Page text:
We have a goal: to have the BEST SUMMER EVER! To that end, we have attended 1 (one) brewfest (see previous post), traveled out of town for 1 (one) weekend (YAY! Portland!), played in 1 (one) extreme croquet tournament (I did not qualify for the next one), had 1 (one) back-yard party, patronized the farmers market a bunch (rode our bikes down once--yeah!), hiked 1 (one) mountain (pathetic, really), visited the lake to let our dog swim a bunch, took 2 (two) days off work, drank 3 (three) bottles of French rose (that's roz-ay) on the front porch one fine evening, and enjoyed 1 (one) spontaneous outdoor beer-drinking afternoon with some friends.
I realize that the whole numeral (word) thing above is quite annoying, but once I started, it would have been inconsistent to stop.
So far, we are enjoying our summer--very much, indeed. It's been relaxing, and we haven't done much that we didn't want to do, which is always nice. Installed some new light fixtures in our new/old house. Got rid of the previous owners' nasty IKEA chandeliers (one each in the dining and living rooms). I love you, IKEA, but let's be honest: your lights look cheap and dated after a time, and even you must agree that they are not appropriate for a 1908 Craftsman--right? Especially in the living room! What were these people thinking? We also put up some (period-approved)new house numbers and planted some flowers. We're not into large-scale landscape revitalization right now. The yard needs a HUGE overhaul--but after spending the late winter and entire spring packing, moving, unpacking, painting, and hosting three sets of visitors, we decided to let the yard look like crap this year and do something about it next year. There's a lot of freedom in that decision, which was a difficult one, as both D. and I love the accomplishment of a beautiful landscaping job. But the trade-off would be that we would not have the BEST SUMMER EVER, so there you go.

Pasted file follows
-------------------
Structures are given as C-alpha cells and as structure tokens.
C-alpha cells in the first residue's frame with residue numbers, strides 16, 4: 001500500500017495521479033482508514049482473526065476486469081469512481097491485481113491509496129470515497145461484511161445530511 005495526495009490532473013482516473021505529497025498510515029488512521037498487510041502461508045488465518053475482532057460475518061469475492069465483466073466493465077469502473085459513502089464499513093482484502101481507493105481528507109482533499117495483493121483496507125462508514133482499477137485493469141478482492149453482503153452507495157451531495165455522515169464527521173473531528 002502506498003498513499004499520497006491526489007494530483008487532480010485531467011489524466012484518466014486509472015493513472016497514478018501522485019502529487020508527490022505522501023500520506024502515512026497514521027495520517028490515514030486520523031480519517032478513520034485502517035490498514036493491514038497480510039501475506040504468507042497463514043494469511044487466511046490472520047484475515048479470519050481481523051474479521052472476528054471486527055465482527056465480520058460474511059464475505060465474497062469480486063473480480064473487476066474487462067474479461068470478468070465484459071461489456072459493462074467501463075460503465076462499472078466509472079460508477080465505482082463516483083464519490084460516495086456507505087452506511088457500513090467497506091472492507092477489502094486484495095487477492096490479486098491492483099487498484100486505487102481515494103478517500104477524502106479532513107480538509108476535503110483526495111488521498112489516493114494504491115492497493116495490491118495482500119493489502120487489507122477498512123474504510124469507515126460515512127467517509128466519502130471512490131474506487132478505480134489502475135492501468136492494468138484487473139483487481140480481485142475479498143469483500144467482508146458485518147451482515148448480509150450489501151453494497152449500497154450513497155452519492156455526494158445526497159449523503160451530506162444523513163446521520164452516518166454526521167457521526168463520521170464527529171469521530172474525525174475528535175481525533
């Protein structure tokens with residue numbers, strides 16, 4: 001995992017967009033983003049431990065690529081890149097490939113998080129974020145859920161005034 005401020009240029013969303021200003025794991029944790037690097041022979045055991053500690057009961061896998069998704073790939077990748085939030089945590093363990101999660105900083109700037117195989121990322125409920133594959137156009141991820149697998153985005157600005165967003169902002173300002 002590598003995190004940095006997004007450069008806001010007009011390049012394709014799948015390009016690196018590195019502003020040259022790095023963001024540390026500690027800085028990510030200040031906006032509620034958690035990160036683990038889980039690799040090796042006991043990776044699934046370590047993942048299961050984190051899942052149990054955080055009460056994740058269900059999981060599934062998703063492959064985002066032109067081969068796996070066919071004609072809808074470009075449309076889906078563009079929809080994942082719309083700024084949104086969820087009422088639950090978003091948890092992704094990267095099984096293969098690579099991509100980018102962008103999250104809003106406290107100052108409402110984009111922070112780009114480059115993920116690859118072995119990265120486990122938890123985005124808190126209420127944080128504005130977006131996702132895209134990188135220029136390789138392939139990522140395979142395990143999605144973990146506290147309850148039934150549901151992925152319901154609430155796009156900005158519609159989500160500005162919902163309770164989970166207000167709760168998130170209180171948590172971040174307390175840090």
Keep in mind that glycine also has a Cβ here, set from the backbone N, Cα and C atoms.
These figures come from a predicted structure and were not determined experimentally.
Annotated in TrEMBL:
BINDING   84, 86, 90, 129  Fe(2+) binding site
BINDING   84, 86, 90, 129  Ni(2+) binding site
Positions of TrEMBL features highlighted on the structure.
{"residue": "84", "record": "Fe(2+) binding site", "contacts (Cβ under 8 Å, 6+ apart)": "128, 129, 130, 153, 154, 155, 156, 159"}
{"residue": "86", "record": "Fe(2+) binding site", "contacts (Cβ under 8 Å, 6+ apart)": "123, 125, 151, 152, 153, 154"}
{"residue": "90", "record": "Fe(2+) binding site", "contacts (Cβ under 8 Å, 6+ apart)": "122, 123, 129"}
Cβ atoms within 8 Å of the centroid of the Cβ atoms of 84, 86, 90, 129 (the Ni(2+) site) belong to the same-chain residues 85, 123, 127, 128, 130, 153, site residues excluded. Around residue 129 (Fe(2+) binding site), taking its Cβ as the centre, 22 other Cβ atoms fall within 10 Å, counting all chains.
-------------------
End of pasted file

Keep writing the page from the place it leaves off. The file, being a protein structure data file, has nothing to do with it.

I drove by our old house the other day; the front bed is in full, gorgeous bloom. Three years' of growth have matured the plantings into a mass of blue, purple, and pink. Shades of grey and silver, yellow and green add depth. The lavender is huge, the variety of grasses are lovely; the coneflower and scabiosa were blowing in the breeze, and our weeping Black Swan Beech tree, Abagail, was looking healthy and stately. So much work went into that bed; now, we have to do it all over again. Sigh.
Today is my dad's 80th birthday party in New York. Sadly, I am not there. I so wanted to be; but the airline ticket prices are ridiculous right now, and I'm not up for a cross-country trip (a/k/a hell on earth) of cancelled flights, uncomfortable seats, screaming crying crotch fruit, and rude, pathetic security personnel. I'll wait until fall to see my dad. And I'll miss the laughs, memory-sharing, and closeness of hanging with my parents, six or so siblings and assorted nieces and nephews. And my brother's home brew. Damn, they're going to have fun. Here's to you, Dad. You are all a kid could have wanted in a dad, and more than I could hope for as an adult. Your devotion to mom and overflowing love for us kids and your grandchildren make us all real happy. We have so much to be thankful for; I'm so grateful for you!
A Post I Have Been Writing In My Head For Months
5 years ago